Norfolk refuses to commit to St. Williams station

By Monte Sonnenberg, Simcoe Reformer

St. Williams Fire Station (File photo).

St. Williams Fire Station (File photo).


The high cost of fire trucks could be a factor as Norfolk continues to wrestle with fire-fighting options in St. Williams and Port Rowan.

Tuesday, Norfolk council rejected a staff recommendation that the county build a new fire hall in St. Williams.

Council has also kept open the option of amalgamating Station 10 in St. Williams with Station 9 in Port Rowan to create a “superstation” in this part of Norfolk.

Some councillors also like the idea of hiring a consultant to find firefighting efficiencies in the Port Rowan area.

Penny-pinchers on council are hung up on the fact that the Port Rowan station and the St. Williams station are only a few kilometres apart.

This compares to places like Bealton and Rockford which are a fair distance from their main fire hall in Waterford.

Simcoe Coun. Doug Brunton cites a similar situation in Haldimand County.

“The distance between stations in Jarvis and Selkirk is substantial but they don’t seem to have any problem,” Brunton said.

“We don’t seem to be interested in saving money when it comes to this service. Maybe it’s time we brought in someone independent to look at the whole process. Maybe an independent body would have a different opinion.”

Paring down the number of fire halls is attractive because each requires its own complement of pumpers and tankers. Each station also comes with its own array of expensive, sophisticated equipment.

Waterford Coun. Harold Sonnenberg pointed out that the price of standard fire trucks is pushing the $1-million mark. The fewer stations Norfolk has, the less the county has to spend on vehicle replacement.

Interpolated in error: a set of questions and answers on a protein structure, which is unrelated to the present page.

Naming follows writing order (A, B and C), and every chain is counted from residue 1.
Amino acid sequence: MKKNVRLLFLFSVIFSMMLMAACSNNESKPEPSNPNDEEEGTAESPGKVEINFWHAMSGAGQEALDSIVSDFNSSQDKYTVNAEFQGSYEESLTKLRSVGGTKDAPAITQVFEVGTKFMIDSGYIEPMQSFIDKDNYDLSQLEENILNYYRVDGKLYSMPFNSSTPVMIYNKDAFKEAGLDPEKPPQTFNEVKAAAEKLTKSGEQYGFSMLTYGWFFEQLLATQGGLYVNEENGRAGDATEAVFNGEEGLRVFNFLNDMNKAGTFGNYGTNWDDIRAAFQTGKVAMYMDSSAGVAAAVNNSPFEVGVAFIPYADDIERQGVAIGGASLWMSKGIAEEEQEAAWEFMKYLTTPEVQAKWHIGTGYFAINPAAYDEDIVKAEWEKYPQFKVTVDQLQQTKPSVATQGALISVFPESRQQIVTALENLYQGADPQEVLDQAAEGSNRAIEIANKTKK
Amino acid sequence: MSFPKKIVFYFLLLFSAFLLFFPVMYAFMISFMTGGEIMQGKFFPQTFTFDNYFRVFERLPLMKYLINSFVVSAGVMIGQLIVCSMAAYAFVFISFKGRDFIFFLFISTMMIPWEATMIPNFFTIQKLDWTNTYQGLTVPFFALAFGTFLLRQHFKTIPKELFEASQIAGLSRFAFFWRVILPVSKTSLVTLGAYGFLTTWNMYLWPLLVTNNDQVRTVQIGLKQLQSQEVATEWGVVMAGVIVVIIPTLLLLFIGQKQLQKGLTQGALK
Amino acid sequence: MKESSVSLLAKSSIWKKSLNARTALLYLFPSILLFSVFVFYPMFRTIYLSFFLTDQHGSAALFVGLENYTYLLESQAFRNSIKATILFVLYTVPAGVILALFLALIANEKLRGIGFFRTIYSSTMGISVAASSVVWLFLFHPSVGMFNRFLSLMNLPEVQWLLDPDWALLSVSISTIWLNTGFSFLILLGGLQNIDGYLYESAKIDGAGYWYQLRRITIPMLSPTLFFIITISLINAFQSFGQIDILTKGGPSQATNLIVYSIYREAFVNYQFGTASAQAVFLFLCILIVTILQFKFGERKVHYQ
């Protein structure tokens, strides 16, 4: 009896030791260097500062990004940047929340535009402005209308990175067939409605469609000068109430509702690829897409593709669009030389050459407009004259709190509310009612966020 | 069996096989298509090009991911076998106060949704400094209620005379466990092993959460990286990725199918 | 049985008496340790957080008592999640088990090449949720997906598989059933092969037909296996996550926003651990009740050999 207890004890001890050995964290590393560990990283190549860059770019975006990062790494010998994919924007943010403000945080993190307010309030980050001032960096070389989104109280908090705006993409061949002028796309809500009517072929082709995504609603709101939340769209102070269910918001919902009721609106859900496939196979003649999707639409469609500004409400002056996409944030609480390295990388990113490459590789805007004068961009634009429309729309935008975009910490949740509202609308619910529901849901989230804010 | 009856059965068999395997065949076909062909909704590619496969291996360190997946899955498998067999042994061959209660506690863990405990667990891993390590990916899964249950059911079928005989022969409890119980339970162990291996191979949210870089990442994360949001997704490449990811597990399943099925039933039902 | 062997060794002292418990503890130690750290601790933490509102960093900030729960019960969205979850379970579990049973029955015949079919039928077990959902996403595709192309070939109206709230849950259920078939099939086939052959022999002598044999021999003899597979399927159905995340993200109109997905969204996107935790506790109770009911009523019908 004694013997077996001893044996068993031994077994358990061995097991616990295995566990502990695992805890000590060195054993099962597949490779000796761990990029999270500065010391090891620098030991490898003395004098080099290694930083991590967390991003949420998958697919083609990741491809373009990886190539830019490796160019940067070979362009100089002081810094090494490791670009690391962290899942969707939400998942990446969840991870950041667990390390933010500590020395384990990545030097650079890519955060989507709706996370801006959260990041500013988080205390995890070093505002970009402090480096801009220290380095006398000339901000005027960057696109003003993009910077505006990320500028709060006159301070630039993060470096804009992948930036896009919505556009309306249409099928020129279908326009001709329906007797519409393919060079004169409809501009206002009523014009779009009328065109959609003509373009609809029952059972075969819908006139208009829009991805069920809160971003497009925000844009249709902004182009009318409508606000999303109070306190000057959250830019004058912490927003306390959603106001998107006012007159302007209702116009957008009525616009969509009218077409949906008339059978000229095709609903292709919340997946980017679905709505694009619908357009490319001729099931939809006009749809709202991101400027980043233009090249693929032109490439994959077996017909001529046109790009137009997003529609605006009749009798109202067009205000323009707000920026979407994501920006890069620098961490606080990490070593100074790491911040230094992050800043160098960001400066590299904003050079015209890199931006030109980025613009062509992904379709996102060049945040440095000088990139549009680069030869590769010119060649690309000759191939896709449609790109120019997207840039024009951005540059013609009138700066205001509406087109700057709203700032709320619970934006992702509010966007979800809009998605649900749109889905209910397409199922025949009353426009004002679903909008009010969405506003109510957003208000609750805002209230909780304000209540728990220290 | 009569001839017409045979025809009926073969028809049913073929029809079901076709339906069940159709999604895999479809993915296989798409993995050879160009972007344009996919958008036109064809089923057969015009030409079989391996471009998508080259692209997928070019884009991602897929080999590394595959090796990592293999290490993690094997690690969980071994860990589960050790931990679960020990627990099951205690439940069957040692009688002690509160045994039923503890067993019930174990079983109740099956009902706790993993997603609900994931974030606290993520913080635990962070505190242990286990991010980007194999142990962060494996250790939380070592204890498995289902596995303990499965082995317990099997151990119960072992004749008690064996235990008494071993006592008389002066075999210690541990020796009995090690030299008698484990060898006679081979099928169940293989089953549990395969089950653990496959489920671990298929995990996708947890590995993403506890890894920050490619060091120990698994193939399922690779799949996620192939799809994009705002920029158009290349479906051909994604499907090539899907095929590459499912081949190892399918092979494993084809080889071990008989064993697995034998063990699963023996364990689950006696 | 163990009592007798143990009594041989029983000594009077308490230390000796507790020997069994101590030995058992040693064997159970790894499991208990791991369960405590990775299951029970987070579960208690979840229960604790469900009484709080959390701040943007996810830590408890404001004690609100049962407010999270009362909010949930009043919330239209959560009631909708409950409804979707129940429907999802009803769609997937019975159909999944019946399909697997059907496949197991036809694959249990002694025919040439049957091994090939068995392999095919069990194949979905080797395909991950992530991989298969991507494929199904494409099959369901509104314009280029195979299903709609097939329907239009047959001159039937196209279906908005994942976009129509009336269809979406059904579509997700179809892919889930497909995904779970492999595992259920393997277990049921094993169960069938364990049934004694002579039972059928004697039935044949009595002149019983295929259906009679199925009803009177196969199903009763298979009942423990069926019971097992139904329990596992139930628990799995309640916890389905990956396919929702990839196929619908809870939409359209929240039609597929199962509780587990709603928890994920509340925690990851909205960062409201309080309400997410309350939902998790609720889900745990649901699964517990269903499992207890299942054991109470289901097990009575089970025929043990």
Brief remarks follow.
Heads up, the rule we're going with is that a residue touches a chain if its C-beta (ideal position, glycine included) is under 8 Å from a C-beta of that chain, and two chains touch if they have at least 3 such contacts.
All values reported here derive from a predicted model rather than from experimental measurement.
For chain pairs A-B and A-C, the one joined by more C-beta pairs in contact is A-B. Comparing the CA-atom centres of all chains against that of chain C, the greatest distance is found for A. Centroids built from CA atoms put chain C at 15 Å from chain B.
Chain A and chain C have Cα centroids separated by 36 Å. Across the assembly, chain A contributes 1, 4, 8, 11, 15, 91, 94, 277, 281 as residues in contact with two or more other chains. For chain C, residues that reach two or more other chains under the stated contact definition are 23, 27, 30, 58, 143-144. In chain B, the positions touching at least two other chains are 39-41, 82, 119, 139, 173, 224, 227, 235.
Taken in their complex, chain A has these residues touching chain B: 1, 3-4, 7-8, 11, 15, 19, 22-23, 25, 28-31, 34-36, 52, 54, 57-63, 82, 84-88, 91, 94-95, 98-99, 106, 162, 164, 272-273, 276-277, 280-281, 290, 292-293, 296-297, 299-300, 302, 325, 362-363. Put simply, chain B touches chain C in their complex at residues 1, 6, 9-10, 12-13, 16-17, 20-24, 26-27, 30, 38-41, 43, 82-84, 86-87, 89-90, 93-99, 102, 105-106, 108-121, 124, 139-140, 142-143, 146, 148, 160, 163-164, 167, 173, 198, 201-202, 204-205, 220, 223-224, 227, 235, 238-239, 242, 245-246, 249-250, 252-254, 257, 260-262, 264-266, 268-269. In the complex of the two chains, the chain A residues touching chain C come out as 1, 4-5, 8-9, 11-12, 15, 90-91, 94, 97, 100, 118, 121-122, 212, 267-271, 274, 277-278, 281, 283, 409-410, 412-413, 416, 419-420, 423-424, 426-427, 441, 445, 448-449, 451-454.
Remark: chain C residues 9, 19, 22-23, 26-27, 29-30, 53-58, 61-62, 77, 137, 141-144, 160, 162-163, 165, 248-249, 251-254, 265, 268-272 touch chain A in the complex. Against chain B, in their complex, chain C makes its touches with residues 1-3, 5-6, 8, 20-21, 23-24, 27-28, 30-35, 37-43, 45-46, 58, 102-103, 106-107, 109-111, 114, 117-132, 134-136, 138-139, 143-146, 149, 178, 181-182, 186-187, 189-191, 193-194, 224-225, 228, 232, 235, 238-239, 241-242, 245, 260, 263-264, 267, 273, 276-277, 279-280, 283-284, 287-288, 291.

“They could have good coverage in Port Rowan with one station,” Sonnenberg said. “The taxpayer can’t afford the kind of coverage we have now. It’s too expensive, too fancy and it’s going to die on its own.”

At issue was a report from Norfolk Fire Chief Terry Dicks concerning the way forward in the St. Williams area. The St. Williams fire station on Townline Road is 67 years old and in need of replacement.

Last fall, Norfolk council asked Dicks to weigh the pro’s and con’s of taking this opportunity to combine the St. Williams station with the station in Port Rowan.

Dicks’ report warns that amalgamation could put upward pressure on insurance rates in the Port Rowan area.

He also pointed out that the Office of the Fire Marshal might order a review of firefighting services in Norfolk if it deems coverage in Ward One to be inadequate.

Dicks doesn’t doubt that there is protection overlap in the Port Rowan and St. Williams area.

However, he said the issue here is the location of the Port Rowan station. From a fire-protection standpoint, Dicks said the Port Rowan station should be on Highway 59 and not on Bay Street in the north end of town. While the St. Williams station is due for replacement, Norfolk expects the station in Port Rowan to last another 30 years.

“We’re thinking that the station in St. Williams is where it should be and that it’s Port Rowan that should be relocated,” Dicks said.

If Norfolk council opts for the status quo, the new station in St. Williams will cost $1.5 million to build. As it stands, council’s options remain wide open. More could be said about the situation at Norfolk’s 2018 levy-supported budget deliberations in January.